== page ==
Statistics (11th Edition) Hardcover – Dec 28 2007
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About the Author
Dr. Jim McClave is currently President and CEO of Info Tech, Inc., a statistical consulting and software development firm with an international clientele. He is also currently an Adjunct Professor of Statistics at the University of Florida, where he was a full-time member of the faculty for twenty years.
Terry Sincich obtained his PhD in Statistics from the University of Florida in 1980. He is an Associate Professor in the Information Systems & Decision Sciences Department at the University of South Florida in Tampa. Dr. Sincich is responsible for teaching basic statistics to all undergraduates, as well as advanced statistics to all doctoral candidates, in the College of Business Administration. He has published articles in such journals as the Journal of the American Statistical Association, International Journal of Forecasting, Academy of Management Journal, and the Auditing: A Journal of Practice & Theory. Dr. Sincich is a co-author of the texts Statistics, Statistics for Business & Economics, Statistics for Engineering & the Sciences, and A Second Course in Statistics: Regression Analysis.
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That said, if your professor is using this book, you'd better hope that your professor is a good one, and you'd better listen and take notes in class. I got lucky and had a good professor who posted his lectures online.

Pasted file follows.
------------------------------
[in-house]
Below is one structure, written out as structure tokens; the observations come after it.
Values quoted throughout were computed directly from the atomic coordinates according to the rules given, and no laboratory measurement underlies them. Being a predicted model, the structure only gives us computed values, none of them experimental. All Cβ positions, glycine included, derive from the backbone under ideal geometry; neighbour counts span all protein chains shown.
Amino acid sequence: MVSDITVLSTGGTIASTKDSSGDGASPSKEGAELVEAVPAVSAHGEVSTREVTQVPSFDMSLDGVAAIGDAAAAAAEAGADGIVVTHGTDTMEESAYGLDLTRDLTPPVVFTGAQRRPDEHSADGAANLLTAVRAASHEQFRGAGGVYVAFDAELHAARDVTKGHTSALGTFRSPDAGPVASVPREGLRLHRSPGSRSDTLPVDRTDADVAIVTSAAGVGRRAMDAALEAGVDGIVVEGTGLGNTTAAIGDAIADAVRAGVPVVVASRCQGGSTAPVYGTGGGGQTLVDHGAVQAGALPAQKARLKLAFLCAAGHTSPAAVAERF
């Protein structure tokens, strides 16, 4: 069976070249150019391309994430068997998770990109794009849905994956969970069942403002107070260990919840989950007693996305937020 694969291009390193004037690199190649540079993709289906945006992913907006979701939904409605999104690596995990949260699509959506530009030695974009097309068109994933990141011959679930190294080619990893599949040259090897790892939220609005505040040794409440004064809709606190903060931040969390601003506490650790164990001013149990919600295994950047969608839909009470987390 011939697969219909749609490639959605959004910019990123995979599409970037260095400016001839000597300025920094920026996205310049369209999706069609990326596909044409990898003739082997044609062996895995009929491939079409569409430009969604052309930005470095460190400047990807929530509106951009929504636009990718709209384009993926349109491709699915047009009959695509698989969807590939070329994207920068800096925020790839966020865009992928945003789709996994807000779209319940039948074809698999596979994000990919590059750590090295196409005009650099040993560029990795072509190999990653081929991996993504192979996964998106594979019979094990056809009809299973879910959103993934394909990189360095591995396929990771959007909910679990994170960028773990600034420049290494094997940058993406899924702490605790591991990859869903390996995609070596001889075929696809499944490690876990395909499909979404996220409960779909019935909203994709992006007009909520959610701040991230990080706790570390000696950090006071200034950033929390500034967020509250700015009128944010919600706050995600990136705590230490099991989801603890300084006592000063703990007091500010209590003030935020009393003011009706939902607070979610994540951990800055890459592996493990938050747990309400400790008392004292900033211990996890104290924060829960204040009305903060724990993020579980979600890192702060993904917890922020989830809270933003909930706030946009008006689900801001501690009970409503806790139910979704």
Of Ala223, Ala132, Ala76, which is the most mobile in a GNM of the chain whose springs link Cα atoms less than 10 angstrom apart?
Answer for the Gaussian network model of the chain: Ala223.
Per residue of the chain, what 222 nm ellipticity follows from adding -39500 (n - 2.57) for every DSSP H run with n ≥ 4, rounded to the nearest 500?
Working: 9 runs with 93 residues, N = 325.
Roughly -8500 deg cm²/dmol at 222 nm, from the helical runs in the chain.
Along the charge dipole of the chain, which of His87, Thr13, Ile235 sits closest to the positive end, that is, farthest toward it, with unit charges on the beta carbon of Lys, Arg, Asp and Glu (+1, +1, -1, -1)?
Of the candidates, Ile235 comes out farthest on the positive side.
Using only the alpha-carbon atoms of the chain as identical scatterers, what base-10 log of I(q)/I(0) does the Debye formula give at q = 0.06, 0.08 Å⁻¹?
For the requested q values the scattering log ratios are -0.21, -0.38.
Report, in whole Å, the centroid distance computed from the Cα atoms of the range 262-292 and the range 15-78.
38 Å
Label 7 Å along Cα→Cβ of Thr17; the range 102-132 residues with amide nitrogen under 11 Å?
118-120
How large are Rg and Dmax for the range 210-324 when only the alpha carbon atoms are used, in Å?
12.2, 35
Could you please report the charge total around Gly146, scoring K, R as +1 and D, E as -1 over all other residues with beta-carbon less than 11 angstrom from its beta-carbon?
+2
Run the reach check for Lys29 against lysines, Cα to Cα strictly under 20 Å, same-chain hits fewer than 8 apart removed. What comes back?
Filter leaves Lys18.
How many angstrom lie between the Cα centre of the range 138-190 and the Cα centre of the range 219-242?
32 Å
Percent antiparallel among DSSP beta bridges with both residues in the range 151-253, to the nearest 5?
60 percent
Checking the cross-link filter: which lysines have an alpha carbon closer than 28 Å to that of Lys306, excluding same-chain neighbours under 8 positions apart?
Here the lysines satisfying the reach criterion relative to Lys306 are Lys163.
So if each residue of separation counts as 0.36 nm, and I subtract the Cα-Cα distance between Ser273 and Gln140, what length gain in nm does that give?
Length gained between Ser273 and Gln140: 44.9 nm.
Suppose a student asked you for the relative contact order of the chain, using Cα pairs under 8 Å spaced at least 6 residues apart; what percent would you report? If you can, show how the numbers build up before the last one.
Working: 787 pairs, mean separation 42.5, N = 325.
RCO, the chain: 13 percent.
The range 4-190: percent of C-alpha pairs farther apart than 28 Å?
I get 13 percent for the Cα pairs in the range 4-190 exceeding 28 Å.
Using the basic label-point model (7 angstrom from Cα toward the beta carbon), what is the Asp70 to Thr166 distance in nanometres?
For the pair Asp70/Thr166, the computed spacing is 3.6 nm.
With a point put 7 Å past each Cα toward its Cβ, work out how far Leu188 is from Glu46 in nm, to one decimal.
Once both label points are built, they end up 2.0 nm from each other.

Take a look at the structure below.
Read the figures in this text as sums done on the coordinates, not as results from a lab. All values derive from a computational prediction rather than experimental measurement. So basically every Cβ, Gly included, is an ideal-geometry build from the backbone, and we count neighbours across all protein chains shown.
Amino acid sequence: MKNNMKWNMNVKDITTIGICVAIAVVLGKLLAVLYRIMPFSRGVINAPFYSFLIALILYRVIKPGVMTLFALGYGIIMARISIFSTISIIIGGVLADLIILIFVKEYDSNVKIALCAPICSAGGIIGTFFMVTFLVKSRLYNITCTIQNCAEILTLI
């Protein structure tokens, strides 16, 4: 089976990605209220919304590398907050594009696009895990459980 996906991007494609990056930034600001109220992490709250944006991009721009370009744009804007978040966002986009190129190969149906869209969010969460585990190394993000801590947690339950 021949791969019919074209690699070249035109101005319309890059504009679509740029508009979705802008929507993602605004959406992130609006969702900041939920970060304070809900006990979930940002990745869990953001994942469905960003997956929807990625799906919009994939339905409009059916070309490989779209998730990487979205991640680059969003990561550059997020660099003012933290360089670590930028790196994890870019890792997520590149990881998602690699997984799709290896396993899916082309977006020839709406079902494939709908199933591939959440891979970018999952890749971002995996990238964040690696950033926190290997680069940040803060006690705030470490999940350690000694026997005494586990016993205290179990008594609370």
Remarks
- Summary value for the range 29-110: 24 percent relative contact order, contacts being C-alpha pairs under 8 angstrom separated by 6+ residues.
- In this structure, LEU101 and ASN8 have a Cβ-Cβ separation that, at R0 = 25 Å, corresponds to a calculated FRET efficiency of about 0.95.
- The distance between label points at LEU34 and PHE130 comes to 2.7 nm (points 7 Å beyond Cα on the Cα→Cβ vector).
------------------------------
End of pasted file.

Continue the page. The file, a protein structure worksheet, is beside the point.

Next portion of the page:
In terms of the exercises in the book, they're not very good practice. They're too easy, and only give you practice for the most superficial application of the concepts.
Additionally, the way the data for the problems is pretty stupid or lazily done. Some of the problems require your professor to post the data online for you to do them. Alternatively a lot of problems ask you to flip to other sections, just to use the data. It's annoying to flip between sections just to do one measly homework problem.
The software that comes with the book is dumb. Chances are, your university will have a particular software that they want you to use, rather than whatever comes on the disk with the book, for example, Jmp (written by a famous Stats software company, SAS. Their stuff is good. Jmp kind of sucks though and a lot of the time you have no idea how to use the software, while the help section tells you what you CAN do, not HOW to do something).
If you have this book assigned to you for a class, you won't learn much from it. It's only useful for the homework problems you're assigned (which aren't good practice. Your professor might screw you over with harder problems on the test), and the data tables in the back. I seriously recommend not buying it, and just go to the school library to use a class copy and do the homework.
The only thing I liked about this book was the way the Standard Distribution Table was set up. But even that is not the standard way it's normally represented.
This book sucked so much that the most I could sell it back for was 20 bucks. Even though this piece of crap cost me 120.